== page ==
by Selwyn Manning
National Party leader Jenny Shipley announced tonight that she would quit her leadership role.
The announcement came after National's deputy leader Bill English informed Shipley that he had the numbers to oust her.
She announced her resignation, soon after.
Speculation has been rife in recent months. It came to a head after died-in-the-wool National Party members were appalled that their leader had "bad mouthed" New Zealand, again while overseas. It reinforced a notion of poor performance of the opposition leader.
Jenny Shipley’s political instincts have often been questioned. The latest incident to raise eyebrows was when Shipley claiming the United States Bush administration was not pleased with New Zealand's degree of commitment in the "war against terrorism".
Speculation intensified in September when the opposition leader was absent during what could accurately be termed the Labour/Alliance Government’s most trying session of Parliament, largely due to the international crisis, and, the near collapse of Air New Zealand.
On returning from her overseas engagements, Jenny Shipley denied that there was any move to oust her from the top Tory job. She re-claimed her intention to lead National through to the General Election in late 2002.
But Shipley's time was passed. She represented and represents a right-leaning faction within National, a group aligned to an ideology that her party embraced through the 1990s.
Friend Ruth Richardson, who was a high-riser within National ranks in the 1980s, lured Shipley into public life. Richardson of course became finance minister on National winning the 1990 General Election, and was the creator of slash and burn budgets – the first of which was 1991’s The Mother of ALL Budgets.
Shipley herself rose above mere ministerial aspirations. She led a successful leadership coup against Jim Bolger in 1997, becoming New Zealand's first woman prime minister.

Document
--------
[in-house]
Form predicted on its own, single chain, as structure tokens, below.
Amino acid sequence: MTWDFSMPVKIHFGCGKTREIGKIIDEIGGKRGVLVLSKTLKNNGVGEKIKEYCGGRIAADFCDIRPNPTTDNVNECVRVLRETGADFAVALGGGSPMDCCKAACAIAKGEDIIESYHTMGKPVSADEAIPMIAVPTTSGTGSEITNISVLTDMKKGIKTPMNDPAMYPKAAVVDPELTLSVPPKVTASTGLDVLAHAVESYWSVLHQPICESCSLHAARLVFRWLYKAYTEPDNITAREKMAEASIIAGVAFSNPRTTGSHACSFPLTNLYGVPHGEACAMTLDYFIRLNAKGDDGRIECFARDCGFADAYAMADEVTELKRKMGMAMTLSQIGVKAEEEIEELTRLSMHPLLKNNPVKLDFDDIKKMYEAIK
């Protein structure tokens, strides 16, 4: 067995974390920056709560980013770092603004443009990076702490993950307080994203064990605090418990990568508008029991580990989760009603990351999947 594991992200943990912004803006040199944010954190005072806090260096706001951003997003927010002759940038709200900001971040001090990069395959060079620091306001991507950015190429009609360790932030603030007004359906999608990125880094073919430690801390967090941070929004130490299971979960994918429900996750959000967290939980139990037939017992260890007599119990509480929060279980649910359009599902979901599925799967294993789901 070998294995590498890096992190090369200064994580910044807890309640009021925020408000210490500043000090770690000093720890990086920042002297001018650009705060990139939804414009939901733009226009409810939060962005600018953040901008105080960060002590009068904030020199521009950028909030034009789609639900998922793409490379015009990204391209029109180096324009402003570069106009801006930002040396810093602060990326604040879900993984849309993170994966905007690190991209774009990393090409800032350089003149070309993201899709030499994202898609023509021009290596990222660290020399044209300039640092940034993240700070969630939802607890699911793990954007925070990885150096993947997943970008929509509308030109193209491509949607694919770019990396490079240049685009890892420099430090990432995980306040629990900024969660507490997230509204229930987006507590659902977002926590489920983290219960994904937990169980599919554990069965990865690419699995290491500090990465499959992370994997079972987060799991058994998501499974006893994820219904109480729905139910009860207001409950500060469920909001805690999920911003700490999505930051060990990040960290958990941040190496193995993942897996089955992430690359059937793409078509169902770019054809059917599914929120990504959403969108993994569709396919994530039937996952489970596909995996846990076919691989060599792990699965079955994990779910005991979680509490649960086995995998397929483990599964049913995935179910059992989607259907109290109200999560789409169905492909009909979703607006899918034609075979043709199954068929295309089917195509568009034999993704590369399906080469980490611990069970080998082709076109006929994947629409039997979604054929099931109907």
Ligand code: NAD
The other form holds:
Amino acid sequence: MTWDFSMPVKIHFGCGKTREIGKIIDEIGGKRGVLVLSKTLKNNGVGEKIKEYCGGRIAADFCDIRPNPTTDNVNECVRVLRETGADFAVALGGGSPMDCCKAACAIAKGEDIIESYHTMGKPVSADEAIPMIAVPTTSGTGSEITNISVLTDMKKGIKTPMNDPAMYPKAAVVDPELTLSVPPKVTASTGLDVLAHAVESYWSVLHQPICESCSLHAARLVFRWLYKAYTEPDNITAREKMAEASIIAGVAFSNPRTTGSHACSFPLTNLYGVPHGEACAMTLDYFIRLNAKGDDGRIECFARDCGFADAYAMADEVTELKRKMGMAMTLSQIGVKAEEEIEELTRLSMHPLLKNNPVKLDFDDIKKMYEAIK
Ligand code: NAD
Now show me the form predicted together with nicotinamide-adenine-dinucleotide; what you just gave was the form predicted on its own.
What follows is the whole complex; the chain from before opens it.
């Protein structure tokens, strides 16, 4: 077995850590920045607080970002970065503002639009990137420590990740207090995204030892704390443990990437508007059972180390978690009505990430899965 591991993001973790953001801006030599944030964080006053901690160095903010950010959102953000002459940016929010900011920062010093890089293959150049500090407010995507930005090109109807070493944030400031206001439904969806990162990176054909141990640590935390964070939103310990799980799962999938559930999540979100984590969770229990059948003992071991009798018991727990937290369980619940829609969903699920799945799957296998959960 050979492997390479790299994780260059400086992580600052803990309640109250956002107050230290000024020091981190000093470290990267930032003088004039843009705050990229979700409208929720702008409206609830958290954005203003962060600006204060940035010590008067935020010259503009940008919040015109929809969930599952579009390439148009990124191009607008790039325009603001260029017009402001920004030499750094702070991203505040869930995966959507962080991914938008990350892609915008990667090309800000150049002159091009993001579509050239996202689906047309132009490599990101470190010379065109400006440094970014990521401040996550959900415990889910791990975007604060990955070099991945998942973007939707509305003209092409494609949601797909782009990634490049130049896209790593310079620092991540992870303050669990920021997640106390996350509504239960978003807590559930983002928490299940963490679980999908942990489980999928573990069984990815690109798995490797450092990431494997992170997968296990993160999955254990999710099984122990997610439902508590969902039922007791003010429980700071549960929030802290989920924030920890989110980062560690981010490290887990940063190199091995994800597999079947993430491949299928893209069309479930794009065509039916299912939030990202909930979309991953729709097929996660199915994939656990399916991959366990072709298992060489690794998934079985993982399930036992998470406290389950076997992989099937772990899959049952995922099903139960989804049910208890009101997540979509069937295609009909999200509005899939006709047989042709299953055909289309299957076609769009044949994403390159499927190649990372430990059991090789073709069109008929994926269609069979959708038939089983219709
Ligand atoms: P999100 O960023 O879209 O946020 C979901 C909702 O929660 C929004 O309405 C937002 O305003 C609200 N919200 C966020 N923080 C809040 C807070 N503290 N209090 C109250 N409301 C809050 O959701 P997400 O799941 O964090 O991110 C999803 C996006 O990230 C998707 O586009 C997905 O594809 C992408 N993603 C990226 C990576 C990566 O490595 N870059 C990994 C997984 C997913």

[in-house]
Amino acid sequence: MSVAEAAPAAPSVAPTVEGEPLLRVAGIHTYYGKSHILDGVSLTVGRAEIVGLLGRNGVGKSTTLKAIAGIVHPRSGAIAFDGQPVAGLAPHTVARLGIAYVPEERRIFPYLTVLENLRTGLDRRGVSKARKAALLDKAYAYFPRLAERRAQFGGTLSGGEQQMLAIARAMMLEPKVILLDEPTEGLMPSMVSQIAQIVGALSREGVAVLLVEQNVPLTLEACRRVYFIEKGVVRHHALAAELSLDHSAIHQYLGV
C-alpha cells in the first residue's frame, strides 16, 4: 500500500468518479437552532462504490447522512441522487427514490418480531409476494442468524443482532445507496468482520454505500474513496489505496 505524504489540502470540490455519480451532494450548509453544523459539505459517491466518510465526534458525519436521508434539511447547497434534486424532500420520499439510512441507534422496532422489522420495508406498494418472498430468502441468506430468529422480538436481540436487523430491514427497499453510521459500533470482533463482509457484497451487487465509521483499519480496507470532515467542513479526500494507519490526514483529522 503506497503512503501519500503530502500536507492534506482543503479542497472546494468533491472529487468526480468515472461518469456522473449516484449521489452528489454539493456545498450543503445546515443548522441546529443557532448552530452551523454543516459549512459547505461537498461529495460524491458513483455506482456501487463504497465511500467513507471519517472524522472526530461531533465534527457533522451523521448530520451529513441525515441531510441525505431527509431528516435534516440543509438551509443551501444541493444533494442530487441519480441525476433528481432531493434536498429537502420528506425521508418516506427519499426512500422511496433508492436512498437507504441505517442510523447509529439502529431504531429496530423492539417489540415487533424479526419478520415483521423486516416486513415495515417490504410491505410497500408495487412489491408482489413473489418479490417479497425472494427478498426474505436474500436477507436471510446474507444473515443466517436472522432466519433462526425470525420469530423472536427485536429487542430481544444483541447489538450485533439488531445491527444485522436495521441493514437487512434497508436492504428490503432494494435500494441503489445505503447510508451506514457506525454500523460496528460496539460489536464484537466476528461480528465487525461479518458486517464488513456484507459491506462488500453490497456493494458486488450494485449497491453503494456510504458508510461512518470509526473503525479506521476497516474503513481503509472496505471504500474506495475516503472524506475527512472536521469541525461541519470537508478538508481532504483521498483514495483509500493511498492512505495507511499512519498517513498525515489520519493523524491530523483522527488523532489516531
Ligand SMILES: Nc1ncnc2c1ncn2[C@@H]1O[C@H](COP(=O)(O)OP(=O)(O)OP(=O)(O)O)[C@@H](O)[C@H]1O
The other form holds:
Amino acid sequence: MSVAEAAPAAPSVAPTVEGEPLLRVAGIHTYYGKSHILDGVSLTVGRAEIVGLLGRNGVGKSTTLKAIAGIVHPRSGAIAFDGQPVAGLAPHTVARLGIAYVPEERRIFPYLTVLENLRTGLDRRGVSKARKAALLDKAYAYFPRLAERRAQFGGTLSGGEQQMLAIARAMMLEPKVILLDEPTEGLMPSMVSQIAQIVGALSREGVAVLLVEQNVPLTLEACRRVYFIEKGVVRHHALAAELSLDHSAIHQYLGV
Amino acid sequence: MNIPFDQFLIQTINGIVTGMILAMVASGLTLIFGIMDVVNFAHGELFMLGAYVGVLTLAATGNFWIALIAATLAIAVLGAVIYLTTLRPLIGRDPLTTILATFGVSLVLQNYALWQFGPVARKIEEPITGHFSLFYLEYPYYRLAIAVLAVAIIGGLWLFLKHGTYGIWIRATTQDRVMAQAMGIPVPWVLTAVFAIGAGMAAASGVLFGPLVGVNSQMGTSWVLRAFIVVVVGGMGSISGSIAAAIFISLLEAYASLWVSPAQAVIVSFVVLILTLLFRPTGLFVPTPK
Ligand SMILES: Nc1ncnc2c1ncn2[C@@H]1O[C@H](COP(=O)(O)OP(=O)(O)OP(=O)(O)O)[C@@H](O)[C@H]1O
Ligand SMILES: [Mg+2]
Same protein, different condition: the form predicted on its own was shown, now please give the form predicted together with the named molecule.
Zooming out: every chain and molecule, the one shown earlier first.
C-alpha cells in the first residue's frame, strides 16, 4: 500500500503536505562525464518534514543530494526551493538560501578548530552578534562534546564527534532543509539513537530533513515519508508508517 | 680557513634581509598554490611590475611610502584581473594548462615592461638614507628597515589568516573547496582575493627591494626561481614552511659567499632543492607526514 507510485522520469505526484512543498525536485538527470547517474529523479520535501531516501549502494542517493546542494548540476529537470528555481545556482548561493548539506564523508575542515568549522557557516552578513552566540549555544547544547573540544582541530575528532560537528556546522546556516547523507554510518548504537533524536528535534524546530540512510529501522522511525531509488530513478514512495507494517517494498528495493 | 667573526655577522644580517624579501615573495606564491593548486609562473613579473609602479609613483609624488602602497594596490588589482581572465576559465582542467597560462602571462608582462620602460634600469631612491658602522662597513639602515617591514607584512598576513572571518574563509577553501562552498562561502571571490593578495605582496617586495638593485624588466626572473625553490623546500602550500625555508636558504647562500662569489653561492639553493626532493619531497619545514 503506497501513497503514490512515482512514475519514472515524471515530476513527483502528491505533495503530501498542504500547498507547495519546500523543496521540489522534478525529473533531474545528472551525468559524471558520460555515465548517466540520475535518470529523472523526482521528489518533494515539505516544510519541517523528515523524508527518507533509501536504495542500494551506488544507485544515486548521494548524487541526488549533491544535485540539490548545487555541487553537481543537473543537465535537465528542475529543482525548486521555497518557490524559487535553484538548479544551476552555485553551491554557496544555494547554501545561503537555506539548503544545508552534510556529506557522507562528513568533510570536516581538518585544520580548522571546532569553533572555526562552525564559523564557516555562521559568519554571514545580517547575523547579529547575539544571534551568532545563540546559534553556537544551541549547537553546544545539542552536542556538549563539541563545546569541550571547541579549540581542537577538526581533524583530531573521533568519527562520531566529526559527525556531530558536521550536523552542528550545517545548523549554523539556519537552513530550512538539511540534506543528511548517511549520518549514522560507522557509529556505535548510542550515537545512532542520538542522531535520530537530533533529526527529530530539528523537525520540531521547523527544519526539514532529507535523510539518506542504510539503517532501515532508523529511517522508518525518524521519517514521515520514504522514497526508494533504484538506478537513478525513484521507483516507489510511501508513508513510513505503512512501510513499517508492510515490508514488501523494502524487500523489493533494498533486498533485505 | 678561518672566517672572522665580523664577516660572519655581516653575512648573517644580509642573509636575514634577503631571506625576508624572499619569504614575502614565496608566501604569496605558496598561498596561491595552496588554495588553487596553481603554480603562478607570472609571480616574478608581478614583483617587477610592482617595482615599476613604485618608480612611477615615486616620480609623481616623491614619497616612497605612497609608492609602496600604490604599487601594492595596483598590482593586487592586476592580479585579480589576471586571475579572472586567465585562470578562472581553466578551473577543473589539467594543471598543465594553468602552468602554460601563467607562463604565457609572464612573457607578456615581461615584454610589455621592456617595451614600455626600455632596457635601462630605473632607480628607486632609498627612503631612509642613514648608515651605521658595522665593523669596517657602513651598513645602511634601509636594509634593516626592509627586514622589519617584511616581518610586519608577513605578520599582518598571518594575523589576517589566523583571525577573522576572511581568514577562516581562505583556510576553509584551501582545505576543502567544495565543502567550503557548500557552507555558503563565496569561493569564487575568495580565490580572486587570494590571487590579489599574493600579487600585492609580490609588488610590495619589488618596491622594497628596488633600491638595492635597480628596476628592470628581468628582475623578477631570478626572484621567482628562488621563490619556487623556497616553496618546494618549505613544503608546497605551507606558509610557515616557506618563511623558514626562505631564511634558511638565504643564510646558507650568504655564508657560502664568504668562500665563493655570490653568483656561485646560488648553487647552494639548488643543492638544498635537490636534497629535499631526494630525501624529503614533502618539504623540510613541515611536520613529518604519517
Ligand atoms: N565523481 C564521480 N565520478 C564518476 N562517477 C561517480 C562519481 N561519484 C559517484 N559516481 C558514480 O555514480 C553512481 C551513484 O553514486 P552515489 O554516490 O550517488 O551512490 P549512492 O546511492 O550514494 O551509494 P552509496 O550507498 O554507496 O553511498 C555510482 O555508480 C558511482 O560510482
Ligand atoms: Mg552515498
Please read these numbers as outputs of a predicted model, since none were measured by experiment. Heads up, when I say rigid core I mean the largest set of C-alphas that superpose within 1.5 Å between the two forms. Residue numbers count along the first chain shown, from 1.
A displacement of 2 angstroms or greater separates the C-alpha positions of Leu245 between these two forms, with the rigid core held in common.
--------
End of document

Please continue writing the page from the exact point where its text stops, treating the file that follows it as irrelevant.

A short time later the National/New Zealand First coalition disintegrated and Shipley managed to hold on to power with a minority government supported by a handful of former New Zealand First MPs and independents and the ACT party.
The rot set in after Jenny Shipley led National to defeat, losing to Labour leader Helen Clark, in the November 1999 General Election.
Shipley's political career had once burned bright. It took off at a rocket-pace. Known as the "technocrat" Shipley led right-wing reform in the social welfare and health portfolios through the early 1990s. But that approach has fallen largely out of favour both with a public centrist mood and with her own caucus.
Within a right-leaning caucus, Shipley found favour and loyalty. The 1999 General Election brought with is a 'new breed" of National MPs aligned to the more centrist politics of Bill English's "brat pack".
It was evident throughout the early part of this political term, Bill English’s pack held the power in caucus. During Parliament’s question time, it was common for Jenny Shipley to relinquish her customary right to challenge the prime minister on things political, settling often for a trivial question way up the list, or settling for no question at all.
She had failed to rattle Labour Prime Minister Helen Clark in parliament's debating chambers, and it appeared the brat pack were building a shadow cabinet within a caucus.
National’s political pragmatists have known since the last election that Shipley's leadership prevents their party from reclaiming its traditional centre-ground - a patch that is overcrowded but essential for any major party if it is to realistically challenge an incumbent for the treasury benches.
Slowly, but inevitably, Shipley's grim reaper came knocking, advanced in its haste somewhat after she chose to be absent from New Zealand after the September 11 terrorist attacks on the United States, and amid the ongoing crisis over Air New Zealand.
The move to rid National of Shipley gained ground after new president Michelle Boag took official office. She made claim to supporting a rejuvenated National Party. Although Boag denied she wished for a leadership change. She did demand a "better performance" from National MPs.
National Members of Parliament will vote in a caucus meeting tomorrow on their new leader - Bill English will obviously be the man.